Even when you have your site on a reliable hosting service and take care to regularly update your core and plugins, things can happen where you may want a backup of your files and data to restore to a previous version from a day, week, or even longer ago. Especially since setting up automated backups can be an easy and quick process, doing it can save you time and frustration later.
Some Benefits of Having a Backup of your WordPress Website (or any website)
- You installed or updated a plugin and broke your site
- You accidentally deleted some content or configuration permanently
- Your site got hacked, and now it’s in a language you can’t read
- You want to migrate your site to a different host
- You forgot to renew your hosting service, and your site got deleted
- You want a piece of mind knowing your site and content is saved somewhere in case anything goes wrong
- You want to try restructuring your site and have the option of restoring to a previous state if you change your mind
There are many other reasons. I had to rebuild sites many times, and it became really difficult when a backup didn’t exist or one existed but from many moons ago.
What to Back Up
Before we dive into the “how”, it’s good to be clear on what exactly will be backed up. In short, the answer is probably “entire site”, but it’s good to know the various components, as they can vary from one CMS to another and each component is not necessarily going to go through the same process when getting backed up or restored.
A WordPress site is composed of content, settings, templates, and code for the core, theme, and plugins. Usually, these are on the same server, but they can be on different servers or cloud spaces.
Export of WordPress Database
You will most likely want an export of the database, which includes page and post content, as well as plugin, theme, and core WordPress settings.
The following are the main sections of a WordPress site in terms of the files:
- Core WordPress files for functionality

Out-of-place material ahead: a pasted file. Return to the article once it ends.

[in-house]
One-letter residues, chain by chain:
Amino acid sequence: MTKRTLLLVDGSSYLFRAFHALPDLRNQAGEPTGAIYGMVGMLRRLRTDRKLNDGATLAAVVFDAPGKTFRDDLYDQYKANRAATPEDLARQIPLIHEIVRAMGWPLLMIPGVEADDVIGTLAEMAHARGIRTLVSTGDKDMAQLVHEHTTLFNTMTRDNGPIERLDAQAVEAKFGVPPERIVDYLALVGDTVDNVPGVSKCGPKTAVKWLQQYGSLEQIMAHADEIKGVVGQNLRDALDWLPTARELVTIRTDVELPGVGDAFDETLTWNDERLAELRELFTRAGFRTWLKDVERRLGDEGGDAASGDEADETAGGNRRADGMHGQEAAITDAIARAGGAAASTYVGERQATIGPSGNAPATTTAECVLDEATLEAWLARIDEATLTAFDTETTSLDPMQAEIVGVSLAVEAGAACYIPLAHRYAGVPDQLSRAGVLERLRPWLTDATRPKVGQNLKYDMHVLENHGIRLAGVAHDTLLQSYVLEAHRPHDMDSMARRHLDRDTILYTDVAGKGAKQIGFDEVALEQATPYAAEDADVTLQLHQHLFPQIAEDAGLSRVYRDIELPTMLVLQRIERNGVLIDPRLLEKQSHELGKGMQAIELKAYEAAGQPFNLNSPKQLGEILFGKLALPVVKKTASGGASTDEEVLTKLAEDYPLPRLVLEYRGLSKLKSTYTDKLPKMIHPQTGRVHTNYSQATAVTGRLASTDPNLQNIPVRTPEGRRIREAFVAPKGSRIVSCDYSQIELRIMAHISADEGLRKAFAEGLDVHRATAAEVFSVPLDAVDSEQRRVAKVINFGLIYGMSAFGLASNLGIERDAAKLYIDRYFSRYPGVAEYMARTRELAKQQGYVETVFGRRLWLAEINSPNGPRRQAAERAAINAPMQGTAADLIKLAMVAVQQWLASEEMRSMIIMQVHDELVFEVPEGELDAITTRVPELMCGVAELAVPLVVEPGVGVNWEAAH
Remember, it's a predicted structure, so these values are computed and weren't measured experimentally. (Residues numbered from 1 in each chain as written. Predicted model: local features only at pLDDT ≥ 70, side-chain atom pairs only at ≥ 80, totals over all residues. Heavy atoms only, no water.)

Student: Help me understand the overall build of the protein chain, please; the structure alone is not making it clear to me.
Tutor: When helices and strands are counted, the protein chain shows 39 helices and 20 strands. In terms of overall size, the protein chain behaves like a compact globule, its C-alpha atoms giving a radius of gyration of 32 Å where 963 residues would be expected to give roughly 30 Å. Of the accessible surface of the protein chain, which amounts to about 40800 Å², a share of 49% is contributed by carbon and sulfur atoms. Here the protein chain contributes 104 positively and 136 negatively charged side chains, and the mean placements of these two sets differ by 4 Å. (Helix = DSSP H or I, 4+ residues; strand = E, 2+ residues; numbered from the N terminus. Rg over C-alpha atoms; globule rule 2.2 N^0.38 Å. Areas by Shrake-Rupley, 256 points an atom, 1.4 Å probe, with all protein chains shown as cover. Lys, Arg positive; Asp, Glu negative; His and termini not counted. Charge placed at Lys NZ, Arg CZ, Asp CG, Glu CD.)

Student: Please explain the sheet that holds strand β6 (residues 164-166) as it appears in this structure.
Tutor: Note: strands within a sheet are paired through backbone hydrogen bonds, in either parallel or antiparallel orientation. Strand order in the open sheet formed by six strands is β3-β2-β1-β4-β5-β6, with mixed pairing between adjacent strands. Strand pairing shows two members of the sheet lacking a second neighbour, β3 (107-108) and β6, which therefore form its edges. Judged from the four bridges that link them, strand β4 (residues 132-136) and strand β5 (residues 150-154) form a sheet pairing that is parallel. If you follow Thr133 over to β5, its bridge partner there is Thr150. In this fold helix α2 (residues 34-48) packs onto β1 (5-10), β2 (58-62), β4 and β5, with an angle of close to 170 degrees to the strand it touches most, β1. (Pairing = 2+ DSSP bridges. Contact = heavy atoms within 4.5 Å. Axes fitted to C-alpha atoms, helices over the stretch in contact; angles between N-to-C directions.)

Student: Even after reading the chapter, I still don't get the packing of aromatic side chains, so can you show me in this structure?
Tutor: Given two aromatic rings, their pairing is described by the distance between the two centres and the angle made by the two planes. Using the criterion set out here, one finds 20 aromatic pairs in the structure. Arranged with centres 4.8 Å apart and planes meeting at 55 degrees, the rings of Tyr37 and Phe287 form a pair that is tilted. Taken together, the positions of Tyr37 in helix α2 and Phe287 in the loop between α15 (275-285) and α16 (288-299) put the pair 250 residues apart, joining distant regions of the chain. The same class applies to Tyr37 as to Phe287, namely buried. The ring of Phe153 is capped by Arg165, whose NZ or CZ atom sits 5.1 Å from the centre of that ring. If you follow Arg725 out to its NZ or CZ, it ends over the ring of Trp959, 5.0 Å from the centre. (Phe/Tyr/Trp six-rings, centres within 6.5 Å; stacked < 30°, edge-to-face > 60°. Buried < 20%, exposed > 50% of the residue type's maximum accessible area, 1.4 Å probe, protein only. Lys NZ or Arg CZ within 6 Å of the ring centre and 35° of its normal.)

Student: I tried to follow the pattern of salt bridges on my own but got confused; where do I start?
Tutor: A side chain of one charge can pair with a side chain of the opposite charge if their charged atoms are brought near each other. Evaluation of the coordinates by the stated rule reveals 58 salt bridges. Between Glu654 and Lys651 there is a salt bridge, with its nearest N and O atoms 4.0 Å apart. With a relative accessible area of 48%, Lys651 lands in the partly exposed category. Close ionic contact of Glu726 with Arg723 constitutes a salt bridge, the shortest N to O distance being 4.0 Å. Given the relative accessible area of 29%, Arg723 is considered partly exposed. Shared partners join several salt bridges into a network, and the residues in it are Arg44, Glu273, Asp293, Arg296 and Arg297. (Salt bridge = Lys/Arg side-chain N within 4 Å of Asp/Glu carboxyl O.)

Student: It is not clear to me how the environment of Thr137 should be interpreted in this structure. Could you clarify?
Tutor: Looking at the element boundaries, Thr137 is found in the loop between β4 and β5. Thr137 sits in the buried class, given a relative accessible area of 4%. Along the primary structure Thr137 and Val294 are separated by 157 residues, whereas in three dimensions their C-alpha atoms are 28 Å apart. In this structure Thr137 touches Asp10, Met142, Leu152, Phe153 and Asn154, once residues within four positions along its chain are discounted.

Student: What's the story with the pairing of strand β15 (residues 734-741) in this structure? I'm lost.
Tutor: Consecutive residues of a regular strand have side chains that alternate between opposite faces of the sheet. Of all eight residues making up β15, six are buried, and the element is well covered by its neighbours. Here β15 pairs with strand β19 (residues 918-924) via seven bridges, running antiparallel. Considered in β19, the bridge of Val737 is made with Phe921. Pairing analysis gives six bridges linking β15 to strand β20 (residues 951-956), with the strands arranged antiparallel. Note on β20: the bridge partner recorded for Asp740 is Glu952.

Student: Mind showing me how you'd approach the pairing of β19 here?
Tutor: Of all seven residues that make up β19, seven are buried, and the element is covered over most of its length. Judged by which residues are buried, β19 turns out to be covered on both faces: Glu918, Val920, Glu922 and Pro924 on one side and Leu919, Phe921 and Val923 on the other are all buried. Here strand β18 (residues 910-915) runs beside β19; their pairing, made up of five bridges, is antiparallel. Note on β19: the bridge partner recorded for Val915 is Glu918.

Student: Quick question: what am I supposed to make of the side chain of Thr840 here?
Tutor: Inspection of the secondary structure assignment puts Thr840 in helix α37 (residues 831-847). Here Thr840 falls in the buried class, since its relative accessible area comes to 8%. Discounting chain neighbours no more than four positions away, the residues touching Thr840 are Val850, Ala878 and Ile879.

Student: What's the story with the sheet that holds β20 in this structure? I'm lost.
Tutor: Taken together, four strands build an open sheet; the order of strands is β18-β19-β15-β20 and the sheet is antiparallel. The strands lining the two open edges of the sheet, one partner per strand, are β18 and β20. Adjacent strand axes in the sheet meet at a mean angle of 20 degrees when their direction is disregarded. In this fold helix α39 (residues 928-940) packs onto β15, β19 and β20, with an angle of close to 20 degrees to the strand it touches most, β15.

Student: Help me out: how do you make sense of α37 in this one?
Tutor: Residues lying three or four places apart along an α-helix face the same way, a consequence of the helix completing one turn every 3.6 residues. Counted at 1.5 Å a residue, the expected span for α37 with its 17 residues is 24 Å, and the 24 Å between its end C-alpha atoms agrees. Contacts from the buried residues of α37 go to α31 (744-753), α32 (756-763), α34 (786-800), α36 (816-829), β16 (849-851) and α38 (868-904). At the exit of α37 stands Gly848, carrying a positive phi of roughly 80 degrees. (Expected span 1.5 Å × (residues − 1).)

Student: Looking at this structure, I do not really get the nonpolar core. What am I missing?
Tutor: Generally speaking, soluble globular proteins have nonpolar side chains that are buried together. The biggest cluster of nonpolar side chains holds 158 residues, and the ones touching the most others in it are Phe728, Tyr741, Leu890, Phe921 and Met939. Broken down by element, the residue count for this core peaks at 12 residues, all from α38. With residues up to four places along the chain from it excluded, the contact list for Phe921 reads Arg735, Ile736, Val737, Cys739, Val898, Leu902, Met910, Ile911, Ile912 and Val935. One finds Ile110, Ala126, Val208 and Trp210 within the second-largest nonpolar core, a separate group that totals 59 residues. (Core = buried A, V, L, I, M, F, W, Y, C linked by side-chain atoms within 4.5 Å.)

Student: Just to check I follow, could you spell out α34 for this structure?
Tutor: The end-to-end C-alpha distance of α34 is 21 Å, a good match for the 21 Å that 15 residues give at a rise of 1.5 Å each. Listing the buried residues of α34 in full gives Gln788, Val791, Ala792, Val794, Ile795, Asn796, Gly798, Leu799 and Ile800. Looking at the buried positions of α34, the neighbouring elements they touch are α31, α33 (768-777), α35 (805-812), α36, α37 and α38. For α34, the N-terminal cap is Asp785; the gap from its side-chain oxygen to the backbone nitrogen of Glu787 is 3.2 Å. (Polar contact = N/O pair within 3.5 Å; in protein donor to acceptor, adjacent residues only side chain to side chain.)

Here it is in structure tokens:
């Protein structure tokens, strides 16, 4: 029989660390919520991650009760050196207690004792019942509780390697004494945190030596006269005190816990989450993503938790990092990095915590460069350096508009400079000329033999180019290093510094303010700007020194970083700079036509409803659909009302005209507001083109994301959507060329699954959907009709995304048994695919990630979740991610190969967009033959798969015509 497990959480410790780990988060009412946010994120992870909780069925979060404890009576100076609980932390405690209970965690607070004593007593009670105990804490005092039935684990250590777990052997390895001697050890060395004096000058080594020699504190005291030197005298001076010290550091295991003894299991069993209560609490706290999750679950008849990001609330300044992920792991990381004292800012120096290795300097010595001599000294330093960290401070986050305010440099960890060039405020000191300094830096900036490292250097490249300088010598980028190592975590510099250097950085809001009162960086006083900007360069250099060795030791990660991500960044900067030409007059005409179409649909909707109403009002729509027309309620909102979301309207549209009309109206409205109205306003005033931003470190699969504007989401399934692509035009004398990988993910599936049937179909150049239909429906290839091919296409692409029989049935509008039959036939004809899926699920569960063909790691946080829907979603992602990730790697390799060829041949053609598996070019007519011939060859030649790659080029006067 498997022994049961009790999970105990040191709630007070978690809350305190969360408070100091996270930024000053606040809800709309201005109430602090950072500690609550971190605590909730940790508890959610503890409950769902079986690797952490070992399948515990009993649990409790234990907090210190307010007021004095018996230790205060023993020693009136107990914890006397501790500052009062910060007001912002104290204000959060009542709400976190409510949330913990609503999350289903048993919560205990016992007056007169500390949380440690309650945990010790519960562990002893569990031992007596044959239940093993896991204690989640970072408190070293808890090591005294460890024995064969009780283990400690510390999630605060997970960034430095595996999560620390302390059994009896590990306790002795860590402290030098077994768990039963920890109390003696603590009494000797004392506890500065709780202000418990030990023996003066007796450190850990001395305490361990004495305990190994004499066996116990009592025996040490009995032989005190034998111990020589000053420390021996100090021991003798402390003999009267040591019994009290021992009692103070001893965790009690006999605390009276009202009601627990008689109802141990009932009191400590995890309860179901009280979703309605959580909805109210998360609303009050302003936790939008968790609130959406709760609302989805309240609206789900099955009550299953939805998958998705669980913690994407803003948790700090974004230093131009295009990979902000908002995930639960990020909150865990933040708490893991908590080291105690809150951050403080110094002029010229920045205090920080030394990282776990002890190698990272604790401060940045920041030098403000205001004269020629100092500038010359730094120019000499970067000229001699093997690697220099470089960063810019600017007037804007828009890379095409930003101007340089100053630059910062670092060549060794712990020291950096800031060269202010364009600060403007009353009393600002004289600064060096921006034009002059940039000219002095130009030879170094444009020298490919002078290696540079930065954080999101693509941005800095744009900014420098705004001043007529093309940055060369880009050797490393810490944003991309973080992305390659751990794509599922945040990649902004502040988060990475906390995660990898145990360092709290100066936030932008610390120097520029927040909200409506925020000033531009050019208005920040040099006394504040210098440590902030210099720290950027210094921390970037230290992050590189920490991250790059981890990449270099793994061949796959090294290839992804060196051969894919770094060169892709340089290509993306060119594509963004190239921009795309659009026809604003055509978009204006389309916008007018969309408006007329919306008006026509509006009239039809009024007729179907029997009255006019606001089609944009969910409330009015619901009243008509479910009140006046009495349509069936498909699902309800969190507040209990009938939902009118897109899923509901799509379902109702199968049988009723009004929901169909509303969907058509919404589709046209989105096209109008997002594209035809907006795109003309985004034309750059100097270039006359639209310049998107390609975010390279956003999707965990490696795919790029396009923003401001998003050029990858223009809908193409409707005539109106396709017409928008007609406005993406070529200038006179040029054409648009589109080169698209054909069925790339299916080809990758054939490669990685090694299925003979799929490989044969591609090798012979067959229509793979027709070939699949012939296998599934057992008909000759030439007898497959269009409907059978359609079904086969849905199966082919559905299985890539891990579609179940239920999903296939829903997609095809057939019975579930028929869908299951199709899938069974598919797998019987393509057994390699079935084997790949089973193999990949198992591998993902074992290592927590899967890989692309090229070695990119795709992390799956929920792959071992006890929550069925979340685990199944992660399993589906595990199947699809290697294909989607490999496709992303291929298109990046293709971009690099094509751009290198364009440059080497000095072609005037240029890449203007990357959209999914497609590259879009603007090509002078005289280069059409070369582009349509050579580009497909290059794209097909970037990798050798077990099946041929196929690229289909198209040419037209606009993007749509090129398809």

- Core WordPress files for configuration
- Cache and dynamically generated assets
When to Back Up Your WordPress Site
I think this might come down to two main things:
- how often your site gets updated
- how important is that which gets updated
If you are editing your posts on a daily basis, have users submitting comments and forms frequently that are getting stored on the site, and maybe even more importantly, if you’re running an eCommerce site that allows customers to submit orders for products, you probably want to do backups very often, as a lost order placed by a customer might not be as easy to recreate as a lost post you copied and pasted from some source that you can just go back and copy from again. So, daily backups might be appropriate for these scenarios of frequent updates and when the data isn’t as easy to recreate, but for someone who runs a blog only they update once every few months, it probably would be overkill to do daily backups. Weekly or monthly backups might make more sense then.
Of course, there might be some extreme conditions that warrant backups even more often than daily. In these cases, you may need to utilize partial backups or keep multiple synced copies of the data and files in parallel, especially if the full backup takes longer to run than the frequency that you need it to run. These strategies are probably not needed for most people, so I won’t get into them in this article, but it may be helpful to know that you can really take this to a serious level.
How to Set Up Backups
There are several approaches that can be taken.
Use Tools Provided by the Hosting Service
Effort Needed: Low - mostly automated and can be managed through the hosting admin panel
Added Cost: Low - many providers offer this for free or for very little extra
Reliability: High - managed thru the hosting panel, so unless the hosting panel is down, you should be able to do backups/restores
Your hosting provider should already have their own tools for backing up your site that may be free or cost very little. This is probably the first place I’d look to see if I can leverage their services.
WP Engine - as part of their for $25/month “Managed WordPress” startup hosting plan you get 1-click staging & backup
BlueHost - Even their lowest WorPress hosting gets you “Daily Scheduled Backups”, and at $9.95/mo it’s much less than some of the other guys
Amazon Lightsail - A typical way to do backups with instances in Amazon is snapshots of the entire drive. Their pricing models aren’t as straightforward as some of the other providers, because their plans are very customizable. Here is an example hosting plan w/ their LightSail service, which is a “simpler” hosting alternative to their standard AWS EC2 instances: